Prospekt Mira Station in Moscow, Russia
Fonvizinskaya Station in Moscow, Russia
Komsomolskaya Station in Moscow Russia
Mayakovskaya Station in Moscow Russia
Avtovo Station in Saint Petersburg, Russia
Park Pobedy Station in Moscow, Russia
In 1933, the Soviet Union began construction work on what would become some of the world’s most beautiful subway stations. The Moscow Metro opened in 1935. Built mainly by hand, the train stations resemble a palace more than a place of transit. And they were palaces of a sort: they articulated, through architecture, the Soviet creed that the worker, not a king, queen or Tsar, reigned supreme. The irony—and tragedy—is that these palaces required the punishment of the very people they venerated: working conditions on these palatial subway sites were notoriously cruel.
Toledo Station in Naples, Italy
Materdei Station in Naples, Italy
Riyadh Station, Soudi Arabia
Museum Station in Toronto, Canada
Zoloti Vorota Station in Kiev, Ukraine
Bund Sightseeing Tunnel, Shanghai, China
Marienplatz Station in Munich, Germany
World Trade Center Transportation Hub in New York, United States
Fulton Transit Center in New York, United States
Union Station in Washington D.C., United States
Russia is not alone in beautiful subway stations—and not all share such a dark history. The popular perception of underground train stations as dirty and dusty and overrun with rats might account for most subway stations, but not all of them.
Formosa Boulevard Mass Rapid Transit Station in Kaohsiung, Taiwan
Central Park Mass Rapid Transit Station in Kaohsiung, Taiwan
Malostranska Station in Prague, Czech Republic
Botanical garden inside Atocha Station in Madrid, Spain
Arts et Metiers Station in Paris, France
Solna Subway Station in Stockholm, Sweden
Khalid Bin Al Waleed Station in Dubai, United Arab Emirates
Canary Wharf Tube Station in London, United Kingdom
Yonggwang Station in Pyongyang, North Korea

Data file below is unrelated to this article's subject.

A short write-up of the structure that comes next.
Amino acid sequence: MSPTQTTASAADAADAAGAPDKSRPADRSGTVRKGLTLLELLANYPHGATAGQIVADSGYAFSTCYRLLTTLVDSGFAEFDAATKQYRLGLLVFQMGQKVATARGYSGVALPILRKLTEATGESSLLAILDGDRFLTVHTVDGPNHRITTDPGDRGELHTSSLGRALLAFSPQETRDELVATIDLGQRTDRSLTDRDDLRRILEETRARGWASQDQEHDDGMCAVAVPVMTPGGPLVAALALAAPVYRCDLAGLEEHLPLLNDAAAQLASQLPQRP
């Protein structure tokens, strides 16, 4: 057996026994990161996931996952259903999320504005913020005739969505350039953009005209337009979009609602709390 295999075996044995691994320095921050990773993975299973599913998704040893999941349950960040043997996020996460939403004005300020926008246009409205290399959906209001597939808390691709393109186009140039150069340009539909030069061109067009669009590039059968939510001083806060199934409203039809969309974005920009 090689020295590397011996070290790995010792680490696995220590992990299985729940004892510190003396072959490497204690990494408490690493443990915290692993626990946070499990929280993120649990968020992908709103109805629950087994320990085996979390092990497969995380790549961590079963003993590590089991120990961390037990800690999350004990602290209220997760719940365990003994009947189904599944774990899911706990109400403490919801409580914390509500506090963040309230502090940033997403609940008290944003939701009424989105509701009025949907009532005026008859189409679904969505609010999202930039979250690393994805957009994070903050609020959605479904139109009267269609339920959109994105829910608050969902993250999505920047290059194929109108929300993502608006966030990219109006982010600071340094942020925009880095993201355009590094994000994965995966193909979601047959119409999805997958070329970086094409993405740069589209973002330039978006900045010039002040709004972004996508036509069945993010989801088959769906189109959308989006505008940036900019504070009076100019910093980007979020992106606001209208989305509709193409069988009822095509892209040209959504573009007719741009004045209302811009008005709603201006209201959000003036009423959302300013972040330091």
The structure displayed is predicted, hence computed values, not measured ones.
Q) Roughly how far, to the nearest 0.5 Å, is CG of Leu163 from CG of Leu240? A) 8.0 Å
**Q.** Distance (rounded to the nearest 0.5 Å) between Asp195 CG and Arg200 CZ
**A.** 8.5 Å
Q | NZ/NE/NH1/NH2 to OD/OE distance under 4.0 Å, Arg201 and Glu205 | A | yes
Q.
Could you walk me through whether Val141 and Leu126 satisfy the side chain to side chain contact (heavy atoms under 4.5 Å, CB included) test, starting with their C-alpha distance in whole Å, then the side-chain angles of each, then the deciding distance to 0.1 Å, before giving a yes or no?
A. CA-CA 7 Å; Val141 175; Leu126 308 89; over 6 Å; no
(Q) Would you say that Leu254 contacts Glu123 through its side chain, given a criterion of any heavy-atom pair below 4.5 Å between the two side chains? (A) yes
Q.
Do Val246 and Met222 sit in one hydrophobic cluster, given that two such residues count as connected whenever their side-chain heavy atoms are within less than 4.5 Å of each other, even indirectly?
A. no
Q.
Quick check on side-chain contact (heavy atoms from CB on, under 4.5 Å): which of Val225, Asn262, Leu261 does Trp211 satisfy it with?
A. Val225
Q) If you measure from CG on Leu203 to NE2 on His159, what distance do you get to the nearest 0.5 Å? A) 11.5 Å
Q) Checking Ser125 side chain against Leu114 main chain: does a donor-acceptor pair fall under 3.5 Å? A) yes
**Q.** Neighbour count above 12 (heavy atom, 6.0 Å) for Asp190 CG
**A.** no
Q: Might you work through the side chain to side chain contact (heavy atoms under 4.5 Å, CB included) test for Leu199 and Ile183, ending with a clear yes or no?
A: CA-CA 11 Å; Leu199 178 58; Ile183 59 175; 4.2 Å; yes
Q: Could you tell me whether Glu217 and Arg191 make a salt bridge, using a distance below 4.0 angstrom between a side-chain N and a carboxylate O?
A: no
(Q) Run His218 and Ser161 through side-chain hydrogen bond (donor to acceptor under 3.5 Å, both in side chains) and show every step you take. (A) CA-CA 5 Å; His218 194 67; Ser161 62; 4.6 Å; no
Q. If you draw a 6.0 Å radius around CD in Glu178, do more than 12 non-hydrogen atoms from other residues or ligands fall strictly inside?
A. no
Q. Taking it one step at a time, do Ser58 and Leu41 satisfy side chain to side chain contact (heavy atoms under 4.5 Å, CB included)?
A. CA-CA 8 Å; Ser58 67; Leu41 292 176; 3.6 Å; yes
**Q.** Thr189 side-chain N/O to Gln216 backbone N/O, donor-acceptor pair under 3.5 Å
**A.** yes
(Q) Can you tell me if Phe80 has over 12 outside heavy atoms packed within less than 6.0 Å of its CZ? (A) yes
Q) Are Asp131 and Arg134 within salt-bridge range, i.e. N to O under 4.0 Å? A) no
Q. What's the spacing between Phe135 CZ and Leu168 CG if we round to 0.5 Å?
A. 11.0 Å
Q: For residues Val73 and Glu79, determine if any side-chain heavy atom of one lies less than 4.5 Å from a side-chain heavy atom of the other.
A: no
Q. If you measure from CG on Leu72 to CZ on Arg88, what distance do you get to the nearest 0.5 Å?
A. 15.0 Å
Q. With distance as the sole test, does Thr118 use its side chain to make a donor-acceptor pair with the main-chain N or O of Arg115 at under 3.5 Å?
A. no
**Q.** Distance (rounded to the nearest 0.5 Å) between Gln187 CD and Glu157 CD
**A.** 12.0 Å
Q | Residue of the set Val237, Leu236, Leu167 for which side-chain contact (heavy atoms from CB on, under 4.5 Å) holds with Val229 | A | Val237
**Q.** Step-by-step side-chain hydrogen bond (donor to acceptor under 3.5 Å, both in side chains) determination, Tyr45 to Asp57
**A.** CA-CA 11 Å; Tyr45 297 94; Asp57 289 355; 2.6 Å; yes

Westfriedhof Station in Munich, Germany
Across the world, whether in London, Toronto, New York, Paris or Kiev, there are stations that offer much more to the eye. Tourists and locals come not to rush through to catch the connecting train but to pause and enjoy the space. Sometimes these stations are impressive in their relative ancientness, other times because they are dazzlingly modern.
Fővám tér station in Budapest, Hungary
Heidelberger Platz Station in Berlin, Germany
Olaias Station in Lisbon, Portugal
Bockenheimer Warte Station in Frankfurt, Germany
Westminster Station in London, United Kingdom
Gants Hill Station in London, United Kingdom
Plac Wilsona Station in Warsaw, Poland
London’s Underground, initially the Metropolitan Railway, is the world's oldest underground railway. It first opened in 1863 to address high levels of horse-drawn traffic, linking the City to the railway stations at Paddington, Euston and King’s Cross. Now it carries about 1.3 billion people annually across 270 stations.
In 1884, when the Circle Line was added to its network, The Times described it as “a form of mild torture, which no person would undergo if he could conveniently help it.” The truth is that, over a century later and for all the beautiful stations, this remains the attitude of most commuters across the entire underground train-system—especially at rush-hour. Subway commuters in other countries are likely to agree.